IU survey shows: Most people are opposed to the use of AI
- More than half of the respondents fear that interpersonal relations will suffer under more AI.
- 43 percent are even of the opinion that AI makes the application process worse for them.
- One third of respondents see the use of AI as an opportunity to prevent discrimination.
Erfurt, 11 April 2022. The new study "AI in Recruiting" by IU International University of Applied Sciences (IU) shows: The majority of respondents (64.7 percent) reject the use of artificial intelligence (AI) in recruiting and rate the technological development as negative. Above all, the loss of interpersonal aspects such as sympathy (59.4 percent) as well as the perceived uncontrolled data processing (34.1 percent) cause concern.
Two-thirds of respondents (65.2 percent) do not trust the decisions made by algorithms and 58.6 percent of respondents do not trust companies that use AI in the application process. Four out of five respondents (80.5 percent) feel less valued when AI is used instead of a human in the application process; and 43 percent even think AI makes the application process worse for them overall.
Thus, more than 72.3 percent of respondents also think that every step in the application process and the decisions made should remain in human hands.
Basically, it can be said on the basis of the study results: the deeper the application process goes, the more likely the use of AI is rejected. While 69.8 percent still find the use of AI in writing job advertisements to be good, only 38.1 percent find it good when AI is used to analyse word choice and facial expressions in job interviews.
AI offers opportunities for more justice
From the respondents' point of view, the use of algorithms in the application process also has positive aspects: one in three respondents (32.9 percent) sees the use of AI as an opportunity to prevent discrimination on the basis of origin, age or gender. And one in five (21.5 percent) think that the selection process is fairer because AI always makes decisions based on the same criteria, such as professional qualifications. Also, a third (31.7 percent) of respondents find that the use of AI makes the entire application process faster.
"Artificial intelligence has a decisive advantage over humans in terms of equality: it thinks in ones and zeros. Prejudices and subjective evaluation are alien to it, it decides purely on the basis of facts - provided the AI algorithms are programmed correctly," says Prof. Dr. Michaela Moser Professor of Human Resource Management at IU International University of Applied Sciences (IU).
Clear differences in origin and education
People with a migration background are clearly more open to AI than respondents without a migration background. Half (48.6 percent) of the respondents with a migration background are positive about the use of AI, while only one third (32.6 percent) of the respondents without a migration background are.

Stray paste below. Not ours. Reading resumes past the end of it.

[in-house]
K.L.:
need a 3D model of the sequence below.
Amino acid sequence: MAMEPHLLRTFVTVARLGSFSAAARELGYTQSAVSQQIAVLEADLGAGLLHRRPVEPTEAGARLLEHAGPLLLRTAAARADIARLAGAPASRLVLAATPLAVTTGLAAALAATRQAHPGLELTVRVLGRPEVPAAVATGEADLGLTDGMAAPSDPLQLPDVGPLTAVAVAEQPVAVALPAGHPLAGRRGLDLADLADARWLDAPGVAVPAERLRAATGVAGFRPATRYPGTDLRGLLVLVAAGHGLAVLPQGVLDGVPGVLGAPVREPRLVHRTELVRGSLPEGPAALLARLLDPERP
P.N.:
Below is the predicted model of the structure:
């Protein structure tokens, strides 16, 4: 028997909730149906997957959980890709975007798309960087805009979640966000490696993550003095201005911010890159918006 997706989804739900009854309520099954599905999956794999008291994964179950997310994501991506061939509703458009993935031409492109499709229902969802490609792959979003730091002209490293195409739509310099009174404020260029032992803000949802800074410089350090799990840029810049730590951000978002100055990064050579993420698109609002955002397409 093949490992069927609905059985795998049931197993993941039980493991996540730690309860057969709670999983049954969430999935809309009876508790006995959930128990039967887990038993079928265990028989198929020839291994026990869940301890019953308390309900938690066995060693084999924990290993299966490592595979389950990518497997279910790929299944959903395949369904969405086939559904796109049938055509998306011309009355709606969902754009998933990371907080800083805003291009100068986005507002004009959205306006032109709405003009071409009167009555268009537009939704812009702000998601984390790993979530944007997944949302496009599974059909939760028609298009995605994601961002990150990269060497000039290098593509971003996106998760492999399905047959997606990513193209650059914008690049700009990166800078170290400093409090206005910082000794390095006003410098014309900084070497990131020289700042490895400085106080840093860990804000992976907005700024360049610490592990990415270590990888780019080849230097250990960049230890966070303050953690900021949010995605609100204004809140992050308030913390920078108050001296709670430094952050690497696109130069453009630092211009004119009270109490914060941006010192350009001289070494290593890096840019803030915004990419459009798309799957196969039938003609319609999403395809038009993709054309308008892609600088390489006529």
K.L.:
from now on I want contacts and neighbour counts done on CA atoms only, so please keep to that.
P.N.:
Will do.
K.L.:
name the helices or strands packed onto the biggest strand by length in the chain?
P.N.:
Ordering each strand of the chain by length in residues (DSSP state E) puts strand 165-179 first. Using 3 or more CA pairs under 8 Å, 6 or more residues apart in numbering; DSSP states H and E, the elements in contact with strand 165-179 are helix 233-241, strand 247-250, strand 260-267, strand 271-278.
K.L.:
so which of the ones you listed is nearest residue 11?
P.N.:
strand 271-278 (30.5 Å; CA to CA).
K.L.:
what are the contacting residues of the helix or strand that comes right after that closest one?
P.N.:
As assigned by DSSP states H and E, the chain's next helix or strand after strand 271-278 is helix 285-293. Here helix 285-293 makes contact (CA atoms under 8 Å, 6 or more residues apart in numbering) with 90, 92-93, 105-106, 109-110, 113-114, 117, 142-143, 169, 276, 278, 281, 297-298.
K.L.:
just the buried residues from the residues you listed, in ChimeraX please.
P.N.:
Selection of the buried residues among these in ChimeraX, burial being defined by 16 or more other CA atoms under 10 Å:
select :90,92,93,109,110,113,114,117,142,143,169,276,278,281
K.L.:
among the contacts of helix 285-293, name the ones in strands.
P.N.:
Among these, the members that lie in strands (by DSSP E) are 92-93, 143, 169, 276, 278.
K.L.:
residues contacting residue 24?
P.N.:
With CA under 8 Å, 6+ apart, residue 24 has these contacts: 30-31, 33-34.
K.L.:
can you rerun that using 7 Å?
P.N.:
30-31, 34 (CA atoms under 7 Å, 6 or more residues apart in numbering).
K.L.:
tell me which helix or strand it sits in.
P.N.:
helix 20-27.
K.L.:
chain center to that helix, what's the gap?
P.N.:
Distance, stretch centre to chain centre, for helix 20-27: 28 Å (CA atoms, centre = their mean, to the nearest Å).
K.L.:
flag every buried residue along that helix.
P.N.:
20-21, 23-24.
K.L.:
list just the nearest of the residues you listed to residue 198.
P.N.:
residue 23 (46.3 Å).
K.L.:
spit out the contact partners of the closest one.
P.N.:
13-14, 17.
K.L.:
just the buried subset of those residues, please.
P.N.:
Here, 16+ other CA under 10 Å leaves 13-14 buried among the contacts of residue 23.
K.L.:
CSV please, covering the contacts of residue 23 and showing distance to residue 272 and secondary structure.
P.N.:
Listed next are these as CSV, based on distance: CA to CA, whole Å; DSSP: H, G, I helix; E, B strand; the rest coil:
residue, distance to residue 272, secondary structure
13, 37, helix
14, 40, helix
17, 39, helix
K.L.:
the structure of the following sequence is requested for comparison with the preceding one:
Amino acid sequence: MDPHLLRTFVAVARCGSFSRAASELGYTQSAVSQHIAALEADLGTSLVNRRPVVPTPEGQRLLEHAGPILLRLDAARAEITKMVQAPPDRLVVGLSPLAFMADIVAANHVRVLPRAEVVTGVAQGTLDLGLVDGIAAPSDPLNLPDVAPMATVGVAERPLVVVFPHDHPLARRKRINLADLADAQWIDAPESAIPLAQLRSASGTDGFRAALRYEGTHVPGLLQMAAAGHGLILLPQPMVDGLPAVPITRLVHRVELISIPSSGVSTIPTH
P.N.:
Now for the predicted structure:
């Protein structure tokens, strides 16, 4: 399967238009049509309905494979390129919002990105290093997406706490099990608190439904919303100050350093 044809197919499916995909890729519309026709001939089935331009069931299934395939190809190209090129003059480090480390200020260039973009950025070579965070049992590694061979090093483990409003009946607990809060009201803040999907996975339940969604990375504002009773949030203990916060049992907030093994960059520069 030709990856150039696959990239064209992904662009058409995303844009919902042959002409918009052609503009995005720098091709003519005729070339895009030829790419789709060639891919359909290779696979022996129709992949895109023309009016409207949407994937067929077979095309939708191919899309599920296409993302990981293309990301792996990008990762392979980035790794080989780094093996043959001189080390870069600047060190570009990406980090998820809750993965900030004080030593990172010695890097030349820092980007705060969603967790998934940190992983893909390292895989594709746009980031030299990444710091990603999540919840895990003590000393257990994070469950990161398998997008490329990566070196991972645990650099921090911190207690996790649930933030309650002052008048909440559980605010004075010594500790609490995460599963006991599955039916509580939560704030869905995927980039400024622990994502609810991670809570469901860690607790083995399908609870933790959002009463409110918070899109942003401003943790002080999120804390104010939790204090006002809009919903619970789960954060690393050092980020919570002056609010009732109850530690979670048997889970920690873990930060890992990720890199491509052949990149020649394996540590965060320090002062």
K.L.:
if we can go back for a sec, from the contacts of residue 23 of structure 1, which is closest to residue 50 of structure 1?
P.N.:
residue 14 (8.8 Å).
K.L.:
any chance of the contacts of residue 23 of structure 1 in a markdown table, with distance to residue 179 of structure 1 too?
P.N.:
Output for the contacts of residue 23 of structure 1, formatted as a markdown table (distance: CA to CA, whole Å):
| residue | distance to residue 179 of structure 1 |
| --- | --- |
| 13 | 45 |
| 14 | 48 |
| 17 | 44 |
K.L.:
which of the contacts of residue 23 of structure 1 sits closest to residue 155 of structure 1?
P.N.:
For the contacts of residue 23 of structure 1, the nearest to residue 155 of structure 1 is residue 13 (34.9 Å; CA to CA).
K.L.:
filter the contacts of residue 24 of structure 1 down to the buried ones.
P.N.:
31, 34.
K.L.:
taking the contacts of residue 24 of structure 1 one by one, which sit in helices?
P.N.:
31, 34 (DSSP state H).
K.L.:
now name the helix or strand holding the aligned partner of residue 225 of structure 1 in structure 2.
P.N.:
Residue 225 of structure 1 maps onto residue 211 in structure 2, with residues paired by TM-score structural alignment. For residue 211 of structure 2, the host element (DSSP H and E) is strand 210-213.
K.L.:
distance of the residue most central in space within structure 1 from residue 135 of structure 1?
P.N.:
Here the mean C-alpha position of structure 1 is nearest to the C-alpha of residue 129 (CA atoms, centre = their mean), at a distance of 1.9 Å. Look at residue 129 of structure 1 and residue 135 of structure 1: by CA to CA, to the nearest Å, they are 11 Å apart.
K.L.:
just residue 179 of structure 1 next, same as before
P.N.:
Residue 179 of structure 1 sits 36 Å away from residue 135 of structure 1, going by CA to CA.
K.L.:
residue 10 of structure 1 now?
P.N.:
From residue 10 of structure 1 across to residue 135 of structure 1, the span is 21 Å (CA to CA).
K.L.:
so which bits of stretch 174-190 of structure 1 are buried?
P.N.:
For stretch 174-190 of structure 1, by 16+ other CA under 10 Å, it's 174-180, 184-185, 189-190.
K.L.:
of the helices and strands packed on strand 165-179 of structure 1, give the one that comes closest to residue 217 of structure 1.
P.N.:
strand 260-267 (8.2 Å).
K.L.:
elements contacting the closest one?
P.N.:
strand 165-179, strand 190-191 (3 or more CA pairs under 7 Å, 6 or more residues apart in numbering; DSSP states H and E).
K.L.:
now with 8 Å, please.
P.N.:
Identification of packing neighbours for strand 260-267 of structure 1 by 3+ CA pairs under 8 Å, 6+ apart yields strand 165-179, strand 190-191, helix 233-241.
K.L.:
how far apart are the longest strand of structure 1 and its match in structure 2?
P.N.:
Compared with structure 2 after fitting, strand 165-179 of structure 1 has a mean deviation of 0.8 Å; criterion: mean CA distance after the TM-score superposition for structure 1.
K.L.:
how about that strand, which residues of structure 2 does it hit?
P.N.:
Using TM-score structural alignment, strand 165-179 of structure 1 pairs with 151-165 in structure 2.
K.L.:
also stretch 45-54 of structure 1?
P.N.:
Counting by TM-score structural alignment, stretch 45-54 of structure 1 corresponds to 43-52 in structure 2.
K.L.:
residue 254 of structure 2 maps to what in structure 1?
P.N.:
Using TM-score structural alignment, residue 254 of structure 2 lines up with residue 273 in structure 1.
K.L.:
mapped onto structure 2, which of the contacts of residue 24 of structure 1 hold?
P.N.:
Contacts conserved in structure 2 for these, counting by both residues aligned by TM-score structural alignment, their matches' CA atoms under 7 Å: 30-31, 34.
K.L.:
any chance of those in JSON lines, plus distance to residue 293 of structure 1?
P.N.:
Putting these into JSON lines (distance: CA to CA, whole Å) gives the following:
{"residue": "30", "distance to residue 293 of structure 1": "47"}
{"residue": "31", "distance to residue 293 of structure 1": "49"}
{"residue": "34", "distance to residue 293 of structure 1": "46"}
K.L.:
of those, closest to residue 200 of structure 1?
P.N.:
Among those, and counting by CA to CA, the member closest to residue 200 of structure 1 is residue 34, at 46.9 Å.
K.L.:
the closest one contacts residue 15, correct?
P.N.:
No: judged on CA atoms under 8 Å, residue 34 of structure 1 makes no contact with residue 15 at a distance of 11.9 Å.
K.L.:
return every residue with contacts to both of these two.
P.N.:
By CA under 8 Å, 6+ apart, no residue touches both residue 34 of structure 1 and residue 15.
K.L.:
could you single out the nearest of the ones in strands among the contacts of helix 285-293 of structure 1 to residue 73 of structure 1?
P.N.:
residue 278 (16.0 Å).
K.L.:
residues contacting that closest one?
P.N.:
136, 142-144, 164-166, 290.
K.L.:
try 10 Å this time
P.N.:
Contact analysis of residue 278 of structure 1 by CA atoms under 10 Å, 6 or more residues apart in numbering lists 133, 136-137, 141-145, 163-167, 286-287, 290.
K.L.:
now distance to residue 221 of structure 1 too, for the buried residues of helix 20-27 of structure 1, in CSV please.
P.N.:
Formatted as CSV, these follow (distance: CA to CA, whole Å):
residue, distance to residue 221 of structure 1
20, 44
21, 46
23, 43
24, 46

A look at the level of education reveals further differences. The study results show that the higher the level of education, the more positive it is: The higher the level of education, the more positive the attitude towards the use of AI. While only 30.1 percent of respondents with a secondary school diploma consider AI to be a positive development, 42.5 percent of respondents with a university degree do so.
Lack of awareness for AI use
One reason for the fundamental scepticism towards AI could be a lack of experience: 9 out of 10 respondents (88.5 percent) have not yet had any conscious experience with AI in an application process. Only 6.3 percent have consciously perceived artificial intelligence in previous application processes. Most frequently, this happened during job and company research via websites, trade fairs or telephone calls.
"Applicants are often not even aware of the use of AI in the application process. In addition, the idea of AI in recruiting initially arouses scepticism in some, as many do not even know how and at what point in the application process AI is used. Those who have had conscious experience with AI are usually more open to its use. It is therefore advisable to make the use of AI in the application process more transparent," says Prof. Dr. Katharina-Maria Rehfeld, Professor of Human Resource Management at IU International University of Applied Sciences.
Looking into the future, almost two thirds (63.3 percent) are of the opinion that AI will be used more frequently in recruiting in the future. However, only just over one in three (36.6 percent) of them assess this development as good. When asked what would alleviate doubts about the use of AI in the application process, half of the respondents (53.8 percent) said they would have the free choice between humans or AI in the application process.
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